Smithson Takes A Battering

2 mins. to read
Smithson Takes A Battering

Last year was a painful one for investors in Smithson (LON: SSON), whose annual results to the end of December revealed an NAV total return of -28.1%, which was almost 20% behind its MSCI World Small and Mid-Cap benchmark. The popular investment trust’s growth-oriented portfolio was badly affected by the sharp increase in interest rates, but with the hiking cycle potentially nearing the peak it is possible that the worst could now be over.

Manager Simon Barnard’s quality growth approach means that he will not invest in sectors such as energy and utilities, which turned out to be the strongest performing parts of the market in 2022. To make matters worse, his favoured areas of technology and consumer discretionary were two of the biggest fallers.

Barnard admits that the underperformance wasn’t all due to macroeconomic factors and acknowledges a number of mistakes, the most important of which was not selling some of the holdings that were overvalued at the end of 2021. These included Domino’s Pizza Enterprises and Fortinet that had been trimmed, but not aggressively enough.

The biggest detractors from the performance typically saw a deterioration in fundamentals with drinks maker Fevertree being a prime example. This was impacted by strong cost inflation as it kept prices low and was responsible for 3.2% of the fund’s NAV decline, although Barnard believes it can rebuild margins and continue to grow revenues.

Sticking To His Guns

Despite the difficult year, the manager believes that companies with low levels of cyclicality and strong balance sheets should weather the storm better than others. However, they will still be impacted if the recession is worse than market participants expect.

Barnard thinks that interest rates will move back to historical averages, with inflation rates and commodity prices declining, supply chain bottlenecks easing and employment growth slowing to temper wage inflation. If he is right then the bearishness could well be overdone.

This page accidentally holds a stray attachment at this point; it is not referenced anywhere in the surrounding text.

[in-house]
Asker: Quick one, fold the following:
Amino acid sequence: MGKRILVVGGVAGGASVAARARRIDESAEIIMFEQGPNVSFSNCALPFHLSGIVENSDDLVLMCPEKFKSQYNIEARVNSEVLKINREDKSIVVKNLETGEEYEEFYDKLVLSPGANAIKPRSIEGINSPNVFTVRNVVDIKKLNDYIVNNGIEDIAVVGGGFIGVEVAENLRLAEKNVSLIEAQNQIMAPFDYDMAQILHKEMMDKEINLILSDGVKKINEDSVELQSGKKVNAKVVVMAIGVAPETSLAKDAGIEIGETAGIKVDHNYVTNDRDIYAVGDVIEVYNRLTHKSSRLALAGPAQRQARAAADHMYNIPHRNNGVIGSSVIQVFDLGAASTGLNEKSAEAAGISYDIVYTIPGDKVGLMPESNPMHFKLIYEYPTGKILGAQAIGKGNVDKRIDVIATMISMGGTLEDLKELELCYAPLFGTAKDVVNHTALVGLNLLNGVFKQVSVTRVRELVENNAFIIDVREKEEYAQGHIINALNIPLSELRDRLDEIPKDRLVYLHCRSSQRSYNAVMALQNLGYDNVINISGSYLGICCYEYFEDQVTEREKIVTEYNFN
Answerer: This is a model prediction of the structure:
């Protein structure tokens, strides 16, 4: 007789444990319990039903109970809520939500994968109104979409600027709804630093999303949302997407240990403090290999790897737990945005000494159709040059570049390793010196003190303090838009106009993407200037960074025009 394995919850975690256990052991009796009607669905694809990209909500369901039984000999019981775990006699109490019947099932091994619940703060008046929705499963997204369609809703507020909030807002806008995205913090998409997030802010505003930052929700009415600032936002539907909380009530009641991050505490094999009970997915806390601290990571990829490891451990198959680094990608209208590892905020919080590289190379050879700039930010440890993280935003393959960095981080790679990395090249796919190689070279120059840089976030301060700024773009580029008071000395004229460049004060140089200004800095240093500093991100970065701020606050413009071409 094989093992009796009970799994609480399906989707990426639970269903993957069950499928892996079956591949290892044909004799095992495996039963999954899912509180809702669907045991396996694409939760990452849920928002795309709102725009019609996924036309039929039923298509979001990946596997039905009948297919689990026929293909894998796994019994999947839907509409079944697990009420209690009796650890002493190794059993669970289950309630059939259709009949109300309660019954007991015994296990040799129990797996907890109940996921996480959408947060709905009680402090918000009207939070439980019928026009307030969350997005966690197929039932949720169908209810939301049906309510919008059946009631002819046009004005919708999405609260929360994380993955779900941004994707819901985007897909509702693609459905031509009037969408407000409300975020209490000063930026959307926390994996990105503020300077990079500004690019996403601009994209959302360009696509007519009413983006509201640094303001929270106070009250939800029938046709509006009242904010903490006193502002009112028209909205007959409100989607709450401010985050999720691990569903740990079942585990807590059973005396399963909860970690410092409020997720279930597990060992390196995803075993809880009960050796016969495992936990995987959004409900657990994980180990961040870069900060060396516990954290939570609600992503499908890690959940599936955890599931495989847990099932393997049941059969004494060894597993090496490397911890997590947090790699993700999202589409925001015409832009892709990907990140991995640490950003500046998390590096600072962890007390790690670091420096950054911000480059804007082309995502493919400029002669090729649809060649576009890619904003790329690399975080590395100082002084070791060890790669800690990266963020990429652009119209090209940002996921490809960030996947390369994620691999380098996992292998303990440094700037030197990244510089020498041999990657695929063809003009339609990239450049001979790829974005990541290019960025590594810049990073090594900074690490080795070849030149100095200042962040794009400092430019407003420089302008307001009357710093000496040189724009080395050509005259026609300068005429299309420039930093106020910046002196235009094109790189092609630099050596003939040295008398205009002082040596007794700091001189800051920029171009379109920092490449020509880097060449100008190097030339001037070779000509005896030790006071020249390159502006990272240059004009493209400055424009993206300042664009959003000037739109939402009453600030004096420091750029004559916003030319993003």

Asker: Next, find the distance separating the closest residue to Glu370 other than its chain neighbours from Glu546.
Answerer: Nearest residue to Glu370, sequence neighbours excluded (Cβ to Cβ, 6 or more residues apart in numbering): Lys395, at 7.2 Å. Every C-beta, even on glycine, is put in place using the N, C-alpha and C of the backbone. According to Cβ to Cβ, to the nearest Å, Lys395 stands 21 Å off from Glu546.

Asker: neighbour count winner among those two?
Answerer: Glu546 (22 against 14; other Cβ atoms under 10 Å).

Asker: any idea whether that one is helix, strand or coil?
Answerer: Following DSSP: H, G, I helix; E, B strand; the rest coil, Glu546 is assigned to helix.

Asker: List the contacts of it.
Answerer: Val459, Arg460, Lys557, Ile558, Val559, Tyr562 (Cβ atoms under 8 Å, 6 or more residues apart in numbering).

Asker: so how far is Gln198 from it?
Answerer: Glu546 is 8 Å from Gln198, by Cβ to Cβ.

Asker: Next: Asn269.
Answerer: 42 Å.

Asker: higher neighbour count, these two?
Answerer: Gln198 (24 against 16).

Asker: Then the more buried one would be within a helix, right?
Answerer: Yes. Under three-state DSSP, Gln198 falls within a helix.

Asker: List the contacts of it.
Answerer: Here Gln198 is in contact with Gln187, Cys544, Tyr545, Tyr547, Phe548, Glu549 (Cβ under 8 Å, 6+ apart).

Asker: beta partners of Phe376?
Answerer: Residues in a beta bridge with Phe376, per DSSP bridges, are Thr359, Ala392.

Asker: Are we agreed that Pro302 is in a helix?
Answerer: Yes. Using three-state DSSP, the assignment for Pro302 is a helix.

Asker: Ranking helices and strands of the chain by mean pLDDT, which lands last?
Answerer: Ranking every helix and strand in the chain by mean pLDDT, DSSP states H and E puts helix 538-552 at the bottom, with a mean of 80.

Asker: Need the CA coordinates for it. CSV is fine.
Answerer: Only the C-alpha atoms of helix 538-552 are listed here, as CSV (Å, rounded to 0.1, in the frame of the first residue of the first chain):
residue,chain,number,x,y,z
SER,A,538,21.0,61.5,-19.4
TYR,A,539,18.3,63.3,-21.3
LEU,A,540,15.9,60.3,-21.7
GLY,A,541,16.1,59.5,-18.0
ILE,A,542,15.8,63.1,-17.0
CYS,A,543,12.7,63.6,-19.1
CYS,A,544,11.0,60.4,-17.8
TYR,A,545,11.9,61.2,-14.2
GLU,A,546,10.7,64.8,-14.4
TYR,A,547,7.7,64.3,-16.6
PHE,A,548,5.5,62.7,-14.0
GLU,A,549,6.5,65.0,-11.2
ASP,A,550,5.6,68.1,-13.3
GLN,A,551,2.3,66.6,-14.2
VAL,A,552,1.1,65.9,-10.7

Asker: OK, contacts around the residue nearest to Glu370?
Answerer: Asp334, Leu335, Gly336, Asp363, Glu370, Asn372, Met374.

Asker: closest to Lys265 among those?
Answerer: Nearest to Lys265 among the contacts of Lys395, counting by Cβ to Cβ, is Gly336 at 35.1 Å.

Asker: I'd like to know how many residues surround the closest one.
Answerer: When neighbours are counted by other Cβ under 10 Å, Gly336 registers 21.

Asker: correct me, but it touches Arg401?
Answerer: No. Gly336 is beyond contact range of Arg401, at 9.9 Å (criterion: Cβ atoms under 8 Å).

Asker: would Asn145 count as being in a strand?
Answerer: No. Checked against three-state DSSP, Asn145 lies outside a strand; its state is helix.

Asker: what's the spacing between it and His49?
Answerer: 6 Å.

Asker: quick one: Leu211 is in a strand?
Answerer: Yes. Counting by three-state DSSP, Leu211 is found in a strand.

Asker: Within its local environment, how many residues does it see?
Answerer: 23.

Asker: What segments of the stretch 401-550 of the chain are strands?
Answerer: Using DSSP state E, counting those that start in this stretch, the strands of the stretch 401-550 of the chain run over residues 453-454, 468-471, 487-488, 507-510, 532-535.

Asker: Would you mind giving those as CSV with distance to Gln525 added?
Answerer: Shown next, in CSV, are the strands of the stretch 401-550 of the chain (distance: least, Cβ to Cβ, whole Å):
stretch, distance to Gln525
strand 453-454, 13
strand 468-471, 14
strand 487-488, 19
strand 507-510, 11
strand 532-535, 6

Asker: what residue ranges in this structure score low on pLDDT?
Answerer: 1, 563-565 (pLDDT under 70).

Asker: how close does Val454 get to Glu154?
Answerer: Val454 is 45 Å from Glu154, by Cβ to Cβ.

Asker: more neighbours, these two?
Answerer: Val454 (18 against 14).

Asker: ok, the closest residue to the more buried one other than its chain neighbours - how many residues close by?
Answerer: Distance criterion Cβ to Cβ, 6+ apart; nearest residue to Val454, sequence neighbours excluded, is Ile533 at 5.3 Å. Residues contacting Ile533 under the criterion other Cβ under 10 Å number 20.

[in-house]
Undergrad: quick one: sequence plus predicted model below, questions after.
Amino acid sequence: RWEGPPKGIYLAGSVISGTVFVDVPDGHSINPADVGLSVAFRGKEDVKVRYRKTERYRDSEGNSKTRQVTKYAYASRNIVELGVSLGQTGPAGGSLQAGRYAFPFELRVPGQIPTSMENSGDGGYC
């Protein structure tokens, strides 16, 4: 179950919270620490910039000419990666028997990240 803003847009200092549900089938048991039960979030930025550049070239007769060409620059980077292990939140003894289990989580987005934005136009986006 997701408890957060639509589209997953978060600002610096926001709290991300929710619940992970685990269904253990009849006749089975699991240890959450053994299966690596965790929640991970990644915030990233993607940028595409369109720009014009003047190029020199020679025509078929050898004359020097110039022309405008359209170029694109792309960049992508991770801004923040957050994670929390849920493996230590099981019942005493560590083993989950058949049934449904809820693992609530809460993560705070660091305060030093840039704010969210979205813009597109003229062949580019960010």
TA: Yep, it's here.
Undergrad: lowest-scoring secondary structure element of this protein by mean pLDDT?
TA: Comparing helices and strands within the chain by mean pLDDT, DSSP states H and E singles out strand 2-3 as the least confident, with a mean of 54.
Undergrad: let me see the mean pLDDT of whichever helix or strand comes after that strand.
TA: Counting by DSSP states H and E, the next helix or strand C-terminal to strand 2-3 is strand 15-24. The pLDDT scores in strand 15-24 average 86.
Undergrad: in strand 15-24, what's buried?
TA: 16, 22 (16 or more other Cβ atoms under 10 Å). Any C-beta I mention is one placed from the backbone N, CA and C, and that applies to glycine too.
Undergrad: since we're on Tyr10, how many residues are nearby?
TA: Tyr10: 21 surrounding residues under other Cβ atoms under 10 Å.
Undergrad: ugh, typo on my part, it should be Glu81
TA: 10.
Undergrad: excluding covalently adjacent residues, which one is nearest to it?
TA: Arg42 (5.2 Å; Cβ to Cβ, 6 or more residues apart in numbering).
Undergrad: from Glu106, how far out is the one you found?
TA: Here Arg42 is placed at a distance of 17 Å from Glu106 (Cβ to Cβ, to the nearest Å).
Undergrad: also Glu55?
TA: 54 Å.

His view is that we may be close to the end of the stock market declines due to inflation and interest rates, although the recessionary fears may not yet be fully priced in. He is adamant though that he will not be discouraged from his quality growth style and will avoid the temptation of “style drift” in an attempt to make money in all conditions.


The broker Numis says that Smithson benefits from a high-profile management group that is popular with both retail investors and wealth managers, yet despite a strong following it has moved from a premium to a discount. It currently trades around eight percent below NAV with the company consistently repurchasing shares to provide some support.

Numis think that the gyrations between growth and value may continue to dominate investor sentiment for some time. They believe that the performance in a higher rate environment may become more dependent on stock selection rather than the overiding style, although investors will probably want a better balance after becoming too exposed to growth.

Smithson shares have had a nice bounce since the end of the reporting period and are up 13% year-to-date. If interest rates are close to their peak and inflation continues to soften with the global economy avoiding a hard landing, then this sort of quality growth strategy should enjoy a good recovery, but it’s a big if.

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